Tuesday, March 22, 2011

Moritz & Marie Beier: Coming to America

As much as I can with this blog, I want to allow my ancestors' voices to be heard.  For most of them I do not have writings, letters or memoirs.  The few that I have provide a wealth of information.

My grandfather Rudolph Beyer wrote in 1969, "As best as I can remember & reading records Moritz Beyer & Marie Kluge were married some where near Zschopau (Pronounced Joe Pau) Germany or Saxony Germany.  Father was born near above place on Nov. 22-1851.  Mother talked of Wald-Kirchen as her maiden home and was born near there Sept. 6-1859.  They were married in 1880 and 4 years later, being 1884 they sailed on a ship to the United States.  They had heard the U.S. was a free Country and people were doing better.  How-ever they came to New York by ship & then to Paige Texas by train."

On July 14, 1887, before the Bastrop County Court, Moritz Beier filed a Declaration of Intention to become a citizen of the United States, shown below.  In this document, he stated that he was born in Wald-Kirchen, was 36 years old, and had arrived at the port of New York, N.Y., on or about August 24, 1884.

My great Aunt Ella notes that their little boy, Emil, was with them when they traveled from Germany.  I used Ancestry.com to search passenger lists for immigrant ships that arrived in New York on or about August 24, 1884.  I found several "Beier/Beyer" families, including a "Moritz Beyer" who arrived in 1891.  However, the official document, above, places my great-grandfather in Texas in 1887.

Moritz would have been thirty-two years old and Marie twenty-four in 1884, and they had a small child with them.  Of the passenger lists I have seen, the one that most nearly matches all of these details is that of the arrival of the steamship Gellert, which arrived in New York from Hamburg, Germany, on August 25, 1884.  On that day, S. S. Gellert brought "Ernst Beier", age 32, his wife and nine month old child.  Could Moritz Ernest Beier have represented himself as "Ernst"?  Or perhaps, was this the name that got recorded for him on the ship's manifest?  Either of these possibilities may have happened, or it may be Ernst Beier and Moritz Ernest Beier are two completely different people.  Here is a detail of the passenger list of the S. S. Gellert, when it arrived on that day:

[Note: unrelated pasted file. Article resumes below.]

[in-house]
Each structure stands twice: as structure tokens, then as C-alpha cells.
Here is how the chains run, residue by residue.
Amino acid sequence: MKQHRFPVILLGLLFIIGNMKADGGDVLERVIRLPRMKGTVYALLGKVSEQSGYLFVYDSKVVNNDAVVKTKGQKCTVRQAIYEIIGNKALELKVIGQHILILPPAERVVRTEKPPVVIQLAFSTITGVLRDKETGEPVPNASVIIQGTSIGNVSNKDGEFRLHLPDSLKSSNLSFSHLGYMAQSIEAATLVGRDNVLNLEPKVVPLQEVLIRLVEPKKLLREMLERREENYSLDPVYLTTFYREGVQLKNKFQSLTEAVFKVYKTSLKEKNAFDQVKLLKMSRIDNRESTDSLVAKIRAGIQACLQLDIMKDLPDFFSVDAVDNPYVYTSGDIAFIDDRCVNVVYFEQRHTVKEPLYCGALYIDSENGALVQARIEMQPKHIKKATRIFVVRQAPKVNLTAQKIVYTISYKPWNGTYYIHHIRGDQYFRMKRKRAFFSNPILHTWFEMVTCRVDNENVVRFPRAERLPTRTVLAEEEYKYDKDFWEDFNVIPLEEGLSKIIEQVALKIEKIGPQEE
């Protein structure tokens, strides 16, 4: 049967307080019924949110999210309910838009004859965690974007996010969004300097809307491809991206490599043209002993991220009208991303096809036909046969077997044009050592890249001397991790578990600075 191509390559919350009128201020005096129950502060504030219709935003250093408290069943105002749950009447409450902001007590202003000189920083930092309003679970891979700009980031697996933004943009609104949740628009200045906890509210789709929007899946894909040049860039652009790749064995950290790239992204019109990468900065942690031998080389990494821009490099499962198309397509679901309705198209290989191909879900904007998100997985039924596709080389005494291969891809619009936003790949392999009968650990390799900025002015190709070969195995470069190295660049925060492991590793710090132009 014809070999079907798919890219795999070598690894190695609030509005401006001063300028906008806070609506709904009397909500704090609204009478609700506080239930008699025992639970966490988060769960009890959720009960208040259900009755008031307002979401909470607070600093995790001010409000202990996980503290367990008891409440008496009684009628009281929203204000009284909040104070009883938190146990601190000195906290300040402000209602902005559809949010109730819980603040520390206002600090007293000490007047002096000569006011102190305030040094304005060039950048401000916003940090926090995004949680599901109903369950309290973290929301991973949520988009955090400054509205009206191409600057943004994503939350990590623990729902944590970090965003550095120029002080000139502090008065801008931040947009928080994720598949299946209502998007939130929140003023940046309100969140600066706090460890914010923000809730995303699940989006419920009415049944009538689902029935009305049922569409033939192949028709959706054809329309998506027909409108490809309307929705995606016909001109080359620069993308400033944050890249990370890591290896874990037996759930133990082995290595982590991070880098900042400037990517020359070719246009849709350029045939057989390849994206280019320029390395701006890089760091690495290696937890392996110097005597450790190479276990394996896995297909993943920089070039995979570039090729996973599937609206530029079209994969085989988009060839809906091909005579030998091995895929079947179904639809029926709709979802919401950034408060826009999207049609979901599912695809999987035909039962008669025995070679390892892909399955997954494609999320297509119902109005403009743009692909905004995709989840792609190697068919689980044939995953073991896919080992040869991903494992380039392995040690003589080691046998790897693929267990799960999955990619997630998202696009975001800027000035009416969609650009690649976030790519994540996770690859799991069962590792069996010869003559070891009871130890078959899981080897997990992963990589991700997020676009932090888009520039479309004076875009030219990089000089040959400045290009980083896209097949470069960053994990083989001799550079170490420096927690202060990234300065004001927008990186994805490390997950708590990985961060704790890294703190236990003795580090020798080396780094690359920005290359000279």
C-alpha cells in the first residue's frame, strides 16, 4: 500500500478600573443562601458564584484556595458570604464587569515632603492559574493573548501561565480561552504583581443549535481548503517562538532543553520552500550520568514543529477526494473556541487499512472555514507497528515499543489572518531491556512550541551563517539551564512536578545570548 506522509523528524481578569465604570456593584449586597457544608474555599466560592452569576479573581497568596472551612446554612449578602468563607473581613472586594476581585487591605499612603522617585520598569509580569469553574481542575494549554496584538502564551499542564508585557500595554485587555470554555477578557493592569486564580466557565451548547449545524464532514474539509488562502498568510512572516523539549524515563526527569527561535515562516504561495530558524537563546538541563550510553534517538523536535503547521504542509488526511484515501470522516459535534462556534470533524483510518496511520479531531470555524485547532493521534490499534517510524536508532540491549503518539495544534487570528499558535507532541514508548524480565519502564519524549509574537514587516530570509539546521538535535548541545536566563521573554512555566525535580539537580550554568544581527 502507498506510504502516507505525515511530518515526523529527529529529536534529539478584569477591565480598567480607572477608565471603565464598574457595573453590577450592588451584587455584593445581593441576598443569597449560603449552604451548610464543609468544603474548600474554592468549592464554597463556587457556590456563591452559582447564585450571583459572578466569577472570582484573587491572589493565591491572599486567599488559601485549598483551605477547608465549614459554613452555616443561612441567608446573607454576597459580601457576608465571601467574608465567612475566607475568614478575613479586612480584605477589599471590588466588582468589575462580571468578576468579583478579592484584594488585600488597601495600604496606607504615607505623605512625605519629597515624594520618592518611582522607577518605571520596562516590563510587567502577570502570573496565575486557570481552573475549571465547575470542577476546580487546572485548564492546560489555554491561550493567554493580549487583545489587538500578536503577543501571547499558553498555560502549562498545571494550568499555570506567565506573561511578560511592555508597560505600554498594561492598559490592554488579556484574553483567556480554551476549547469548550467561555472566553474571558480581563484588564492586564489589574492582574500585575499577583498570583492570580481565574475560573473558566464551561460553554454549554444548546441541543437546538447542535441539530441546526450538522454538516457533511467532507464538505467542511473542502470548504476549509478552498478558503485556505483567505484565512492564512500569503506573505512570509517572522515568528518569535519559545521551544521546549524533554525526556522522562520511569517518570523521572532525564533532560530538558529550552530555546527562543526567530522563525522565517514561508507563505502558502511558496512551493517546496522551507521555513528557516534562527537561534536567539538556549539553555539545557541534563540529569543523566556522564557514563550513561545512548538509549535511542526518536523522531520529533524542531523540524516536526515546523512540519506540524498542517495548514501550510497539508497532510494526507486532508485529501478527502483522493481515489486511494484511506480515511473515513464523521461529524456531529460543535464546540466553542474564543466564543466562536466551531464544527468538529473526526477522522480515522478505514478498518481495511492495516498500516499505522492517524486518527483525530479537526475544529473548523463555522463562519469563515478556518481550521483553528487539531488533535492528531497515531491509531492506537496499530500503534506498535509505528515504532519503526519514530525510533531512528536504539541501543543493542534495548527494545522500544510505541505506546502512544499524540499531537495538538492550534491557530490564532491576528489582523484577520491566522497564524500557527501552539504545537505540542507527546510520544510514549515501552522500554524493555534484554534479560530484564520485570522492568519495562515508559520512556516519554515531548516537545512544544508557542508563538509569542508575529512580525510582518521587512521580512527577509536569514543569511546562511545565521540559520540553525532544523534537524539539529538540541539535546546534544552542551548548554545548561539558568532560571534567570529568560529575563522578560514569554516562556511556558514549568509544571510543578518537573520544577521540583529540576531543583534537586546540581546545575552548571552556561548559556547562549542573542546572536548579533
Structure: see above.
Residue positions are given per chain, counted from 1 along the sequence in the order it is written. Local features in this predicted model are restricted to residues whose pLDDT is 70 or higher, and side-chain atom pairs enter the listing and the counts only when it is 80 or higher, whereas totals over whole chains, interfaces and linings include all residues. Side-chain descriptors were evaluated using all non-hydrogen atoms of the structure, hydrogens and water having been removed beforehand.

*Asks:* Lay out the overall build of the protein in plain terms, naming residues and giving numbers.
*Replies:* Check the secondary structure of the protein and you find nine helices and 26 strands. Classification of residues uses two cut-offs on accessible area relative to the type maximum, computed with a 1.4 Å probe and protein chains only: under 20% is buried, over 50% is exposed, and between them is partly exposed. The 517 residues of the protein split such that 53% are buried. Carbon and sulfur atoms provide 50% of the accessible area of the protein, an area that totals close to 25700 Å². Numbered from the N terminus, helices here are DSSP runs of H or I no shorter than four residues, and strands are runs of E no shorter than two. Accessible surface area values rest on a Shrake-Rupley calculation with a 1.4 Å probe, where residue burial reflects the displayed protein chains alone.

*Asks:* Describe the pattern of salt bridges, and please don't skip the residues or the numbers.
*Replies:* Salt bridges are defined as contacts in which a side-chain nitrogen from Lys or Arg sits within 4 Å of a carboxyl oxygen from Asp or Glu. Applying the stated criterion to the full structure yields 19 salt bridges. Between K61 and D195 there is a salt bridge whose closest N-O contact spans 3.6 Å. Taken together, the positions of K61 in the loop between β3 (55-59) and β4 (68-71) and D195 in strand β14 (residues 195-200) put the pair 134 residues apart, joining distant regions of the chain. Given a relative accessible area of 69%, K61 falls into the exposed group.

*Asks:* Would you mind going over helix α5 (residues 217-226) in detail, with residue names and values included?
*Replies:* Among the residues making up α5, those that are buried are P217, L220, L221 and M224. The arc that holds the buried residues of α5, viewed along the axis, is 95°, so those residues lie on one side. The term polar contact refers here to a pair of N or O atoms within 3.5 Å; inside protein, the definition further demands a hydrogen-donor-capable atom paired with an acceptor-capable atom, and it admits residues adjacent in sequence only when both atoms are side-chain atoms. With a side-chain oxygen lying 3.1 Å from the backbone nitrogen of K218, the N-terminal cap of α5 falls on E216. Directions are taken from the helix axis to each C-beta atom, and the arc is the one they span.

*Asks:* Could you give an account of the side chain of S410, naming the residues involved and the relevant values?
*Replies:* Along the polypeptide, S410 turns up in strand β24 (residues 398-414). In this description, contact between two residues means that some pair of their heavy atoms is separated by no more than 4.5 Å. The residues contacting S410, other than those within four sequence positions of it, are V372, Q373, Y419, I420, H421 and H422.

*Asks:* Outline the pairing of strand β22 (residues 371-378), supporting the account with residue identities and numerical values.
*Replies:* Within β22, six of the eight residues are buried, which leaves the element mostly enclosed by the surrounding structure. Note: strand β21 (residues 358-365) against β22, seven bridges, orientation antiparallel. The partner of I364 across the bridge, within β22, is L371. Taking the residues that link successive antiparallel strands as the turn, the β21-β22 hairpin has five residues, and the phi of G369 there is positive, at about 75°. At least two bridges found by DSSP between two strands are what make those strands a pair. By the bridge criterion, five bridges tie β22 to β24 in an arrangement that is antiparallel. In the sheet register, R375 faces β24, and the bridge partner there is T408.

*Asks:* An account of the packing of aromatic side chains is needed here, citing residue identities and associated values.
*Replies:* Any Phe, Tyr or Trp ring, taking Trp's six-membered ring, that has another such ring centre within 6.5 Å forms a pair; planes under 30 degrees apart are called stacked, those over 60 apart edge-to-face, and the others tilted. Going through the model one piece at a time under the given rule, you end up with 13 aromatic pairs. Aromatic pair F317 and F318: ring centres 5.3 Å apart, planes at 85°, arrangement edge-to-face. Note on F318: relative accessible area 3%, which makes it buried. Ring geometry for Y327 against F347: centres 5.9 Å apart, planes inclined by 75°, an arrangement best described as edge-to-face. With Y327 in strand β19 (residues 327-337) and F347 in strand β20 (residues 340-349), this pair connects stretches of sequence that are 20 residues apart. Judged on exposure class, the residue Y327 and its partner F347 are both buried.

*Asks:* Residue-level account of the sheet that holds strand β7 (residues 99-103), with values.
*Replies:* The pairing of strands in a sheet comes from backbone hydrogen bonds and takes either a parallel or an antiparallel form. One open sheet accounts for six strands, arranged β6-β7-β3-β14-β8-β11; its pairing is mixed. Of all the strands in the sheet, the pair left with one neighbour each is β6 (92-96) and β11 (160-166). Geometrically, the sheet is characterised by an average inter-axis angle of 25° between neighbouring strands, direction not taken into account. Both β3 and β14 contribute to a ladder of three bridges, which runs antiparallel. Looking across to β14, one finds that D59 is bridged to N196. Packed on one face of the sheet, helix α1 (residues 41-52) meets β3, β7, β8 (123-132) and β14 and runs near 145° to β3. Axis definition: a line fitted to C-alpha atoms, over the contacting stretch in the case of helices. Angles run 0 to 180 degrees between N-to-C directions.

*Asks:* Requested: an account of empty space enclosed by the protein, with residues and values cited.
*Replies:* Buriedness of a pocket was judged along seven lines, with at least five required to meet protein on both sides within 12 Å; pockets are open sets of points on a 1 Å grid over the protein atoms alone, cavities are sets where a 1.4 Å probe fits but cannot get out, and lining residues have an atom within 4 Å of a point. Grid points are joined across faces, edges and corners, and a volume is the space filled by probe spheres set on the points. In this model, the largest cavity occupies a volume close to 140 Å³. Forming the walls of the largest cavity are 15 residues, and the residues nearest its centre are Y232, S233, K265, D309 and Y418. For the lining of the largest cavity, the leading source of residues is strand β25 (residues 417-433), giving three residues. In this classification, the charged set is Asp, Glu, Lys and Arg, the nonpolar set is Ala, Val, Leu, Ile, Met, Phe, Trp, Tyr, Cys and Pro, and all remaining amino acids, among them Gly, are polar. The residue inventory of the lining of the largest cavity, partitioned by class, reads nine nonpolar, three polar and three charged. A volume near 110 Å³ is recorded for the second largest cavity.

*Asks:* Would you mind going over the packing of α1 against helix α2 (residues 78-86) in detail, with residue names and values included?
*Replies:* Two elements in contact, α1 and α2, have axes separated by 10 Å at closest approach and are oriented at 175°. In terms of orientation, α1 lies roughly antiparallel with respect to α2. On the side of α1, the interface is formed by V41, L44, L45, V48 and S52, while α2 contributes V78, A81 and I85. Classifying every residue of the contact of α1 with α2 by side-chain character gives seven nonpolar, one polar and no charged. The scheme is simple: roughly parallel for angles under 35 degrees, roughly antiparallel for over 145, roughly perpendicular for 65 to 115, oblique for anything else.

Here we have Ernst Beier, age 32, who is a weaver, from Waldkirchen.  Then his wife, age 27, is listed, as is a baby also named "Ernst".  Baby Ernst is nine months old, so his age is given in the months column.  The last of this Beier family is a single, 34 year old female named "Ernestine".  They traveled steerage class, which means that they made the trip in the crowded, cramped lower decks of the ship which provided this family with no privacy, windows or plumbing, and few services.  Family members had to look out for each other.  On days with good weather, they could crowd together on an open deck above for fresh air, along with many other steerage passengers.  When the weather was bad, steerage was miserable.  The S. S. Gellert could accomodate about 200 passengers in private cabins and 800 in steerage.

The coincidences that keep me coming back to this family are: 
  1. They arrived within one day of the arrival date recorded on Moritz Beier's Declaration of Intention to become a citizen.
  2. The last name, "Beier," is very common in Germany, but it is an exact spelling match.
  3. The ages of the father, mother and baby are very close to the ages Moritz, Marie and baby Emil would have been.
  4. They came from Waldkirchen, a very small village in Saxony that Moritz said was his home town on his Declaration in 1887.
  5. Ernst Beier's profession is listed here as "weaver", which is at least in the textile industry and somewhat related to spool maker.
The information that is inconsistent with other information about Moritz and Marie Beier, is the names:  Ernst, Aug. (Augusta?), and baby Ernst.  Of course, there is also the question of Ernestine Beier - who is she?

I also have a matching passenger list from Hamburg, where the S. S. Gellert departed for New York on August 10, 1884.

The full page from the passenger list on arrival in New York is here:

One last thing I must mention is that Aunt Ella wrote that they arrived in the U.S. at Galveston, Texas.  Since Moritz, himself, recorded New York in his Declaration, I think Galveston is less likely.  I hope to check the Galveston passenger lists someday to make sure.

Grace and peace,


  1. Good luck with your new blog. I loved this post and all the documentation. It's important to show the research trail, and I liked how you highlighted the family on the passenger list. I did all that research before they were available online, but I'm thinking it might be important to go back and capture all those images digitally.

  2. I'm surprised they didn't end up in Massachusetts with all its textile mills there.
    Theresa (Tangled Trees)

  3. Hi Theresa, Good point, and Massachusetts would have been easier to get to from New York! Perhaps Moritz wanted to find a completely different line of work.
    Thanks for your comment.